by Dezi Hall
The idea of "emotional labor" is having a moment right now. It's popping up in think pieces on your Facebook feed, and in conversation on girls' night out. For those who aren't in touch with this feminist notion, what it basically says is that regardless of division of physical labor (think: folding laundry and cooking dinner) within a household, there is a whole other type of unseen labor that falls squarely on the woman's shoulders (in traditional heterosexual relationships).
Emotional labor is essentially that running list of things that need to be taken care of that plagues women's minds, causing them to toss and turn and jot down notes on their iPhones in the middle of the night, while their spouses sleep the peaceful dreamless sleep of men.
It's remembering vaccine schedules for the kids. It's knowing when to schedule everyone's haircuts. It's knowing when someone has been using the same toothbrush for too long and needs a new one. It's not just the cooking of the dinner, but the time it takes to meal plan, and make a grocery list.
It's knowing when the kids have birthday parties to go to, and remembering to get a present, and wrap it. It's keeping a running list of chores that need to be done, even if they get outsourced. It's asking your husband to get dog food, and having him happily reply, "Sure! What kind do we get?"
It's that your partner never has to think about where all the paper towels come from; they're just there every time his hands are wet. It's the idea that women should have all the ideas. That women are responsible for all the familial information and planning. They are the secret guardians to primal knowledge like what cereal which kid likes, what time soccer practice always ends, and when their husband's follow up appointment is for that weird mole.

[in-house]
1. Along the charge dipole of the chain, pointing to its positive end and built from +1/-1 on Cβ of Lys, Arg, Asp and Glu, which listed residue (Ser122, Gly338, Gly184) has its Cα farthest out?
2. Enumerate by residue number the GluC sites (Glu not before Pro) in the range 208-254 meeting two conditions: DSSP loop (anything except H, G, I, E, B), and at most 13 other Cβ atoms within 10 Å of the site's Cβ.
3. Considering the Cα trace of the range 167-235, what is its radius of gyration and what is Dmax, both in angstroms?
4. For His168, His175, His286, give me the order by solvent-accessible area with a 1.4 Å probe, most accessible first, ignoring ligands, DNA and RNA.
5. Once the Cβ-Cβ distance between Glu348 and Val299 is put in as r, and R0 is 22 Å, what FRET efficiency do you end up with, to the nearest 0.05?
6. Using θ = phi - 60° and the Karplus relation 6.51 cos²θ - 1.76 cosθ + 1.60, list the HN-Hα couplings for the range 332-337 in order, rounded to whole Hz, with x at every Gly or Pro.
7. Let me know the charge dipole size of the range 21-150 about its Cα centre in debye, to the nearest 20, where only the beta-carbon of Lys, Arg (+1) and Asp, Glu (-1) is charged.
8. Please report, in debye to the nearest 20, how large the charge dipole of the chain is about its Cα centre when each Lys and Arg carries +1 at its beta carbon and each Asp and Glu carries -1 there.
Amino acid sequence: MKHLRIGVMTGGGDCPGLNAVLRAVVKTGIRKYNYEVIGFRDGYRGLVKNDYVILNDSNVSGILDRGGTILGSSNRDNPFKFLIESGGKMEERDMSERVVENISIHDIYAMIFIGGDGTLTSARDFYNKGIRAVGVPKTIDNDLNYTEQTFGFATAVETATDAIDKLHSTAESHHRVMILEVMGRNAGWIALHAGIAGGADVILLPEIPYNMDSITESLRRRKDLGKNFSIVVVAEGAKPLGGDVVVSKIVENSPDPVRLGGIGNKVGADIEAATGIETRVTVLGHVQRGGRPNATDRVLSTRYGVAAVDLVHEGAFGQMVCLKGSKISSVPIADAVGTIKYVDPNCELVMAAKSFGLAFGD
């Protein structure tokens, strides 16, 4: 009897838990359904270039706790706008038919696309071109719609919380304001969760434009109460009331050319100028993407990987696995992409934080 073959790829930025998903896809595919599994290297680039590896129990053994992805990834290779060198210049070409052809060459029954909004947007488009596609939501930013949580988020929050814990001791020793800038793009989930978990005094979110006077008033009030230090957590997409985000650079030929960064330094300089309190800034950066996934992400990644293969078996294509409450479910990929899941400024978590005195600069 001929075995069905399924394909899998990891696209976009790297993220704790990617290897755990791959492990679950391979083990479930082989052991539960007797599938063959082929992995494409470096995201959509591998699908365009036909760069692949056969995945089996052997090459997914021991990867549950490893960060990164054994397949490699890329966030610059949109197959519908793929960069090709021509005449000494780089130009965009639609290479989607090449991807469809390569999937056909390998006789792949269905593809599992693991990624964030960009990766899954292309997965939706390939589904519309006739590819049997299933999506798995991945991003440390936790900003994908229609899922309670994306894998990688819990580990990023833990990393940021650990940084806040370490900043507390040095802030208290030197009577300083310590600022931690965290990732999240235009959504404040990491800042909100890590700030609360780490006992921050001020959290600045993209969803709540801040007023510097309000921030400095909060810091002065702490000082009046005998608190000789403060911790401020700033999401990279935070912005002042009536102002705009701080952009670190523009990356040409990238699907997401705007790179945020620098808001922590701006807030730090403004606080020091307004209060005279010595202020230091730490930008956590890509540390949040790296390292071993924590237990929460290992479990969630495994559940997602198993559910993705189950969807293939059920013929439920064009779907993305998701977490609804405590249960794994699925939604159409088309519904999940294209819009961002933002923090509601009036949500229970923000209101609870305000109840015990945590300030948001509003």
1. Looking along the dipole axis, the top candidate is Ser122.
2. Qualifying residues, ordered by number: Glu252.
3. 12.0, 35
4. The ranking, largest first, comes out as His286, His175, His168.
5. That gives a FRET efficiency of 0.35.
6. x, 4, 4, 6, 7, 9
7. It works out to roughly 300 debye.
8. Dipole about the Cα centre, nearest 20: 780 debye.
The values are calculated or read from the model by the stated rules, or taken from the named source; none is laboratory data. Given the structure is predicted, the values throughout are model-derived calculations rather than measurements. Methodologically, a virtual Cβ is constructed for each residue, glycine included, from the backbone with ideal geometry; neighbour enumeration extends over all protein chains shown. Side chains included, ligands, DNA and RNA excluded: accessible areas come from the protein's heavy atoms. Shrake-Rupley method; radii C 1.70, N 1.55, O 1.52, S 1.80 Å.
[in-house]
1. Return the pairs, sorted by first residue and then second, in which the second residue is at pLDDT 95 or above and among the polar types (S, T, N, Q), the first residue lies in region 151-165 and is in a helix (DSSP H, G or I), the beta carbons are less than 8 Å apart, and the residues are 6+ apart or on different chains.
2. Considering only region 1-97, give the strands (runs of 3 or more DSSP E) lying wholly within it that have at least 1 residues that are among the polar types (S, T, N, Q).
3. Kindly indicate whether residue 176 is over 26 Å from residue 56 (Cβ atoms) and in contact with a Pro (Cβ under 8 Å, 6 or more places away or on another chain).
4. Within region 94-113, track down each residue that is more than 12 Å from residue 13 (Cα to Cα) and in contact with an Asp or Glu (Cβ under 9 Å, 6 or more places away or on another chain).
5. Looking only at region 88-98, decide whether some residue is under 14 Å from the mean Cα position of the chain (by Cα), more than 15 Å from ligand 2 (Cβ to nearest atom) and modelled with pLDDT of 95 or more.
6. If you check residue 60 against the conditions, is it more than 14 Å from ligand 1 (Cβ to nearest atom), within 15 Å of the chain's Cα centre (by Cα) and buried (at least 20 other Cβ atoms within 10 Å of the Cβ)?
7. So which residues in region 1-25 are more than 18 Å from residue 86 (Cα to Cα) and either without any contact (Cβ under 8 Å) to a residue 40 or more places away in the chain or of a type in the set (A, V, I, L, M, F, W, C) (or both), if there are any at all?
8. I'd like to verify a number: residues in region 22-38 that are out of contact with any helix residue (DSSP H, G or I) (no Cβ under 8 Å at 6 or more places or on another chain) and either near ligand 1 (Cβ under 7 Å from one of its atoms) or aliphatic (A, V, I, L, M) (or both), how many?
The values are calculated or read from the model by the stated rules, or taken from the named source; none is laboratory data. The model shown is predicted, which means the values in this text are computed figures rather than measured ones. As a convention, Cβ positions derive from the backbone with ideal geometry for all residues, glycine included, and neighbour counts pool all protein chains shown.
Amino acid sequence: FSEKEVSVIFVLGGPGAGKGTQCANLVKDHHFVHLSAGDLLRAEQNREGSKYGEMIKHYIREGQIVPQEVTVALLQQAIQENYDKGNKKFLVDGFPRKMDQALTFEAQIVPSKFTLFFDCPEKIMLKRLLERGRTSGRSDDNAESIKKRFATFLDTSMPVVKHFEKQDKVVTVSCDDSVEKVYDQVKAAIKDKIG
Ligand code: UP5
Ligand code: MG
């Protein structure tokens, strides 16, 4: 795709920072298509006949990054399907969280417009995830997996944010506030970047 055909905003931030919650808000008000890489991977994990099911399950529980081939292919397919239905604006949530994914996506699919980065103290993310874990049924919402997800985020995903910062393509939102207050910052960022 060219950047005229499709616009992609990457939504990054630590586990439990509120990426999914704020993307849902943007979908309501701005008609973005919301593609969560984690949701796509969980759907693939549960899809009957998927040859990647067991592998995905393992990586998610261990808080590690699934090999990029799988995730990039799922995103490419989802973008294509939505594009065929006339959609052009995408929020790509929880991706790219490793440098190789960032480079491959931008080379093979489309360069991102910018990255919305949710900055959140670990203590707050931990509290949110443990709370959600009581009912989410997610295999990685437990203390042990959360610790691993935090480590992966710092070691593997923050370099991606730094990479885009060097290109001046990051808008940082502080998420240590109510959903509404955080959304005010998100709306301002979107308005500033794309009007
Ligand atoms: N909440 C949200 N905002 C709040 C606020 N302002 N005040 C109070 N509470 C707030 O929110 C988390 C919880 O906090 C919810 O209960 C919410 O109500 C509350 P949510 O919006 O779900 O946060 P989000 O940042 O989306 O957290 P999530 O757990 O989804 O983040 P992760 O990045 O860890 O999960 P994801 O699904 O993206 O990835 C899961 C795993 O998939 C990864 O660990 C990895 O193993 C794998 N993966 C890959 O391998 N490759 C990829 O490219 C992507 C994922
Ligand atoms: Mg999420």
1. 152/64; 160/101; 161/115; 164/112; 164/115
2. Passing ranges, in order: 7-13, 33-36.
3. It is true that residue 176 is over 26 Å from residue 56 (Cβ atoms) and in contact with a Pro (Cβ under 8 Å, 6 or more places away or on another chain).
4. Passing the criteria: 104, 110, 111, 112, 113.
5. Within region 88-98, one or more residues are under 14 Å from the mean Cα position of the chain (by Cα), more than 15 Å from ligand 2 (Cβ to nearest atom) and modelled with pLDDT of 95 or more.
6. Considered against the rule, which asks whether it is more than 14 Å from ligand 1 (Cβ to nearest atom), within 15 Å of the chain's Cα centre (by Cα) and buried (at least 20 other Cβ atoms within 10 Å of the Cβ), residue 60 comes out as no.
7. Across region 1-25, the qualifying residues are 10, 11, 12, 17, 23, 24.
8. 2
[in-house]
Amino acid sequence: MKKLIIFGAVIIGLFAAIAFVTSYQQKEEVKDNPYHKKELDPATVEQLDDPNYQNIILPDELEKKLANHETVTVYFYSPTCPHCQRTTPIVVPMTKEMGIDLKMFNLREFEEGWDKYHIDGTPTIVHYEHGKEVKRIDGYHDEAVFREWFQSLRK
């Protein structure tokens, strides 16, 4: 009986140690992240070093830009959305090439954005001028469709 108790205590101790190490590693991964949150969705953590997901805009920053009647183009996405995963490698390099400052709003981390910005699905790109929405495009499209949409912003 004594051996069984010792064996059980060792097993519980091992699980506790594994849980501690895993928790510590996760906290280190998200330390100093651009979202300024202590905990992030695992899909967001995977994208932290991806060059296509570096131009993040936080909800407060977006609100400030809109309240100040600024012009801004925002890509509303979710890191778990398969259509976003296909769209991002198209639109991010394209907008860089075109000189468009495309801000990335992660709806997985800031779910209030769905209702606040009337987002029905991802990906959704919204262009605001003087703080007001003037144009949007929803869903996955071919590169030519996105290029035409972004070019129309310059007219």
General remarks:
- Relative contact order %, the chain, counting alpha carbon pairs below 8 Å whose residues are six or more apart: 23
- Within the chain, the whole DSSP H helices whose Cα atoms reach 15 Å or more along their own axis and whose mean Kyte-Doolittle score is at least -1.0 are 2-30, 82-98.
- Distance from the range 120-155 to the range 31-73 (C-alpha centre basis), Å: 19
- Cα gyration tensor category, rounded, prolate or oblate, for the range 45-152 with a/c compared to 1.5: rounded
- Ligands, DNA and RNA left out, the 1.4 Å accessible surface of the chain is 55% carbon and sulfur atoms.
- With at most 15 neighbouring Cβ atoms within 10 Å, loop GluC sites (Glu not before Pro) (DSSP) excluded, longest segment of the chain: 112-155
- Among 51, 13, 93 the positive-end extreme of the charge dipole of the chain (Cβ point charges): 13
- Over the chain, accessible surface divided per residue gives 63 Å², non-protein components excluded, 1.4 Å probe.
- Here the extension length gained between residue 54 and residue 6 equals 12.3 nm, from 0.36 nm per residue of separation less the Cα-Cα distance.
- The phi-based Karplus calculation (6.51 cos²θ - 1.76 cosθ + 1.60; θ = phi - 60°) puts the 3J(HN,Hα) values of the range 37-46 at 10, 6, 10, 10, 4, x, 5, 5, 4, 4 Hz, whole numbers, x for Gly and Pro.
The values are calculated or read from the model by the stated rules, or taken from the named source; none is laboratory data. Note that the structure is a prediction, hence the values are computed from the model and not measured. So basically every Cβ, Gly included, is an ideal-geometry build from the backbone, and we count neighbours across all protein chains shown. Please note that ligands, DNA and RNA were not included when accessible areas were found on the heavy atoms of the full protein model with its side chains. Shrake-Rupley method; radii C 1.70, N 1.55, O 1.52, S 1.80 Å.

Emotional labor is going viral because it's one of those things that has women saying "Yes! Of course! This! I didn't know there was a name for this abstract feeling of being utterly and completely responsible for everything."
Feminists fought (and continue to fight) for the right to work outside the home, but the dream of getting to "having it all" has turned into the nightmare of having to have it all. Here's all of this. You got this, right? Thanks. Women can work outside the home, but they still have to do everything that housewives had to do as well. They are essentially working two 40-hour (plus) jobs a week.
So we pay the price. We pay in our brain space. We pay in our exhaustion. We pay in our free time. We pay in the loss of our identities and our reputations. We pay by being transformed from people into mythically hated "nags," as though we love the title. As though we wouldn't do anything not to have to ask or even think about taking out the trash or restocking the toilet paper. We pay in our marriages, as men swim in the unending fountain of privilege, while still denying its existence even when their fingers prune.
We pay because men don't understand the concept of emotional labor to begin with. Because, though "mansplaining" is a rampant problem in the work force, at home it falls on women to do all the explaining. Because after every last drop of mental activity has been sacrificed to the greater good of science project deadlines, problem solving for "I don't care" dinners, and remembering what cereal the house needs, we simply don't have the energy to explain what needs explaining.
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